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dc.contributor.authorSanchez-Varo, Raquel
dc.contributor.authorFernandez-Valenzuela, Juan José
dc.contributor.authorDe Castro, Vanessa
dc.contributor.authorSanchez-Mejias, Elisabeth
dc.contributor.authorNuñez-Diaz, Cristina
dc.contributor.authorGómez-Arboledas, Ángela
dc.contributor.authorMoreno González, Inés
dc.contributor.authorDavila, Jose Carlos 
dc.contributor.authorVitorica, Javier
dc.contributor.authorGutierrez-Perez, Antonia 
dc.date.accessioned2020-12-17T16:42:19Z
dc.date.available2020-12-17T16:42:19Z
dc.date.created2020-12
dc.date.issued2020-12-17
dc.identifier.urihttps://hdl.handle.net/10630/20629
dc.description.abstractCognitive decline in Alzheimer's disease (AD) is highly related to synaptic dysfunction and neuronal loss. In AD, the hyperphosphorylation of tau compromises axonal transport and leads to the generation of dystrophic neurites, contributing to synaptic impairment. In addition to phospho-tau, AD brains accumulate amyloid-beta. This study evaluated the effect of the brain-penetrant microtubule-stabilizing agent, Epothilone D (EpoD) in the progression of the disease in a double transgenic mouse model of amyloidosis. Young APP/PS1 mice were weekly treated with intraperitoneal injections of EpoD (2 mg/kg) or vehicle solution for 3 months. Memory performance was tested using object-recognition tasks, Y-maze and Morris water maze. EpoD-treated mice improved their performance of cognitive tests, while hippocampal phospho-tau and Aβ levels, especially soluble oligomers, decreased significantly. β/γ-secretase activities were not affected by EpoD in vitro. A significant amelioration of synaptic/neuritic pathology was found. Remarkably, EpoD exerted a neuroprotective effect on SOM-interneurons, a highly AD-vulnerable GABAergic subpopulation. In conclusion, EpoD improved microtubule dynamics and axonal transport in an AD-like context, reducing tau and Abeta accumulation, and promoting neuronal and cognitive protection. These results underline the crosstalk between cytoskeleton pathology and proteinopathy. Therefore, microtubule-stabilizing drugs could be candidates for slowing AD progression at both tau and Aβ pathologies.es_ES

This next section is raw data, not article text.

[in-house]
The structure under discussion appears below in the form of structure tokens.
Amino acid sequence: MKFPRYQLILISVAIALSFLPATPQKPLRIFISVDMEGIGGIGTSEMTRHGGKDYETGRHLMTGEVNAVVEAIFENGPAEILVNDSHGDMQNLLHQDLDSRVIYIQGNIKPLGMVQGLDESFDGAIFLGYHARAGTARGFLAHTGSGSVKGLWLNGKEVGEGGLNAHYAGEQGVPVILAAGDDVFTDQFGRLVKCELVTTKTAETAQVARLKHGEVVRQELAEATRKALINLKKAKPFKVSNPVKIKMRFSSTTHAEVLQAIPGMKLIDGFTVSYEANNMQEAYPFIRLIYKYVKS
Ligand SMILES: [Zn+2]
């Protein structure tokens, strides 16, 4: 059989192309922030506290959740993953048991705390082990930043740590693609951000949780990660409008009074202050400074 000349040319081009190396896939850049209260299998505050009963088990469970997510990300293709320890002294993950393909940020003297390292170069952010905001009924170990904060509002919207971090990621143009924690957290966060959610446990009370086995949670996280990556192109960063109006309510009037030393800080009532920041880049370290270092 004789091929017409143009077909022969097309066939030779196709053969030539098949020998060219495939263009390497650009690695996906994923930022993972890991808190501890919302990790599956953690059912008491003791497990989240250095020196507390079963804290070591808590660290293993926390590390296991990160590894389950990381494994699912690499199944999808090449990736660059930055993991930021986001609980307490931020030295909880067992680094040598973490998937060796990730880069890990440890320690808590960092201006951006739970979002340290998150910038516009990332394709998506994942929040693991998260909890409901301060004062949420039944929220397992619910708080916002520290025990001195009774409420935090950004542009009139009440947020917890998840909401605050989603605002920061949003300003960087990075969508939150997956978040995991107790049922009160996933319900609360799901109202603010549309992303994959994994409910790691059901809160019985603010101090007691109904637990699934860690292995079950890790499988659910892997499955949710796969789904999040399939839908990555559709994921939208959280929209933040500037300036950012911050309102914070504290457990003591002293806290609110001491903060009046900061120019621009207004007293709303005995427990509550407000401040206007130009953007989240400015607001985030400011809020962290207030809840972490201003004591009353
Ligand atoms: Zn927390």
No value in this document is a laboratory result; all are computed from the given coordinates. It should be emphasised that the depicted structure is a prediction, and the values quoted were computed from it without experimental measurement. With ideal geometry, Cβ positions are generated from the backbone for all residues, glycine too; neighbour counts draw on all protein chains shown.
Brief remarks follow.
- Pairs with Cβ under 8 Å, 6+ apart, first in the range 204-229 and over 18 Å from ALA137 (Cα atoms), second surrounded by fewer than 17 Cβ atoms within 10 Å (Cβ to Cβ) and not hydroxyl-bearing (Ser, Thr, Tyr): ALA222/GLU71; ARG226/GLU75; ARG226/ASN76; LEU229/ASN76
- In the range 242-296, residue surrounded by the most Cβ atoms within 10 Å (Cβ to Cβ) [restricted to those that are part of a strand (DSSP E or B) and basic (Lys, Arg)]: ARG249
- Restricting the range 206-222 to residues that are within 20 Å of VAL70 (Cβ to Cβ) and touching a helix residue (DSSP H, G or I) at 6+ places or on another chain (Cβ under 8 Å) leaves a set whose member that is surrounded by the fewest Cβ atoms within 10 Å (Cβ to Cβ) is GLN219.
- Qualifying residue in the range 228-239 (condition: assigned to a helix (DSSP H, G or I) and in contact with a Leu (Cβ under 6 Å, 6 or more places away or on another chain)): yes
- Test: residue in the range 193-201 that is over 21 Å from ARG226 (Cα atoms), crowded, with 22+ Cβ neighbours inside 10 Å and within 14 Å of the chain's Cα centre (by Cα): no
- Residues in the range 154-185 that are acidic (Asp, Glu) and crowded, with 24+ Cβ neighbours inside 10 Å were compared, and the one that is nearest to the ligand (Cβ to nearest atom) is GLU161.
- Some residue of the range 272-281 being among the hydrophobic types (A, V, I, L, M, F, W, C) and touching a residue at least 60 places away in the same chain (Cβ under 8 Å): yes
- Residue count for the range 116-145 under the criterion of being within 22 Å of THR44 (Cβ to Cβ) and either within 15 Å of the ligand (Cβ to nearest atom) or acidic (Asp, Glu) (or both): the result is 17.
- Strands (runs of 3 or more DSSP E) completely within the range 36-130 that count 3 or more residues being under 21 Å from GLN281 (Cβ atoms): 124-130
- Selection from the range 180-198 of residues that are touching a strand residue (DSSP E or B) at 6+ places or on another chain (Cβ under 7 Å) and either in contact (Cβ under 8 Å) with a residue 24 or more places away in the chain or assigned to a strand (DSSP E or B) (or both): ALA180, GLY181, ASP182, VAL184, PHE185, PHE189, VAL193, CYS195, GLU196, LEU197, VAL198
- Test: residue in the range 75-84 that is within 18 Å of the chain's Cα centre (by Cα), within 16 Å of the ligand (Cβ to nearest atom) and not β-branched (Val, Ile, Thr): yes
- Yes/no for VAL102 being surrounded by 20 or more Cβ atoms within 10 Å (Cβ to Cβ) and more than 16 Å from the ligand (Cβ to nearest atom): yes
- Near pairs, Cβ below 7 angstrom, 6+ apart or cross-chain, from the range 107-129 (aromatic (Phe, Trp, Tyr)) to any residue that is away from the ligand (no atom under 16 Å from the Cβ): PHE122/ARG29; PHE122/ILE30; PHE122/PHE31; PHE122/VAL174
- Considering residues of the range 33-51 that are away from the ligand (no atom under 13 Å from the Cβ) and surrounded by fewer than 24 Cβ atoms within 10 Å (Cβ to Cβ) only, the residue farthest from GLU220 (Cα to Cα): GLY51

dc.description.sponsorshipSupported by PI18/01557 (to AG) and PI18/01556 (to JV) grants from ISCiii of Spain, co-financed by FEDER funds from European Union, CIBERNED collaborative grant (to AG and JV), and by PPIT.UMA.B1.2017/26 grant (to RSV). Universidad de Málaga. Campus de Excelencia Internacional Andalucía Tech.es_ES
dc.language.isoenges_ES
dc.rightsinfo:eu-repo/semantics/openAccesses_ES
dc.subjectAlzheimer, enfermedad dees_ES
dc.subjectSistema nervioso - Degeneraciónes_ES
dc.subject.otherAlzheimeres_ES
dc.subject.otherEpothilone Des_ES
dc.subject.othertransgenic modeles_ES
dc.subject.otherneurodegenerationes_ES
dc.titleMicrotubule stabilization protects cognitive function and slows down the course of Alzheimer's like pathology in an amyloidogenic mouse modeles_ES
dc.typeinfo:eu-repo/semantics/conferenceObjectes_ES
dc.centroFacultad de Cienciases_ES
dc.relation.eventtitleNeurodegenerative Diseases: Biology and Therapeuticses_ES
dc.relation.eventplaceVirtual meetinges_ES
dc.relation.eventdate12/2020es_ES


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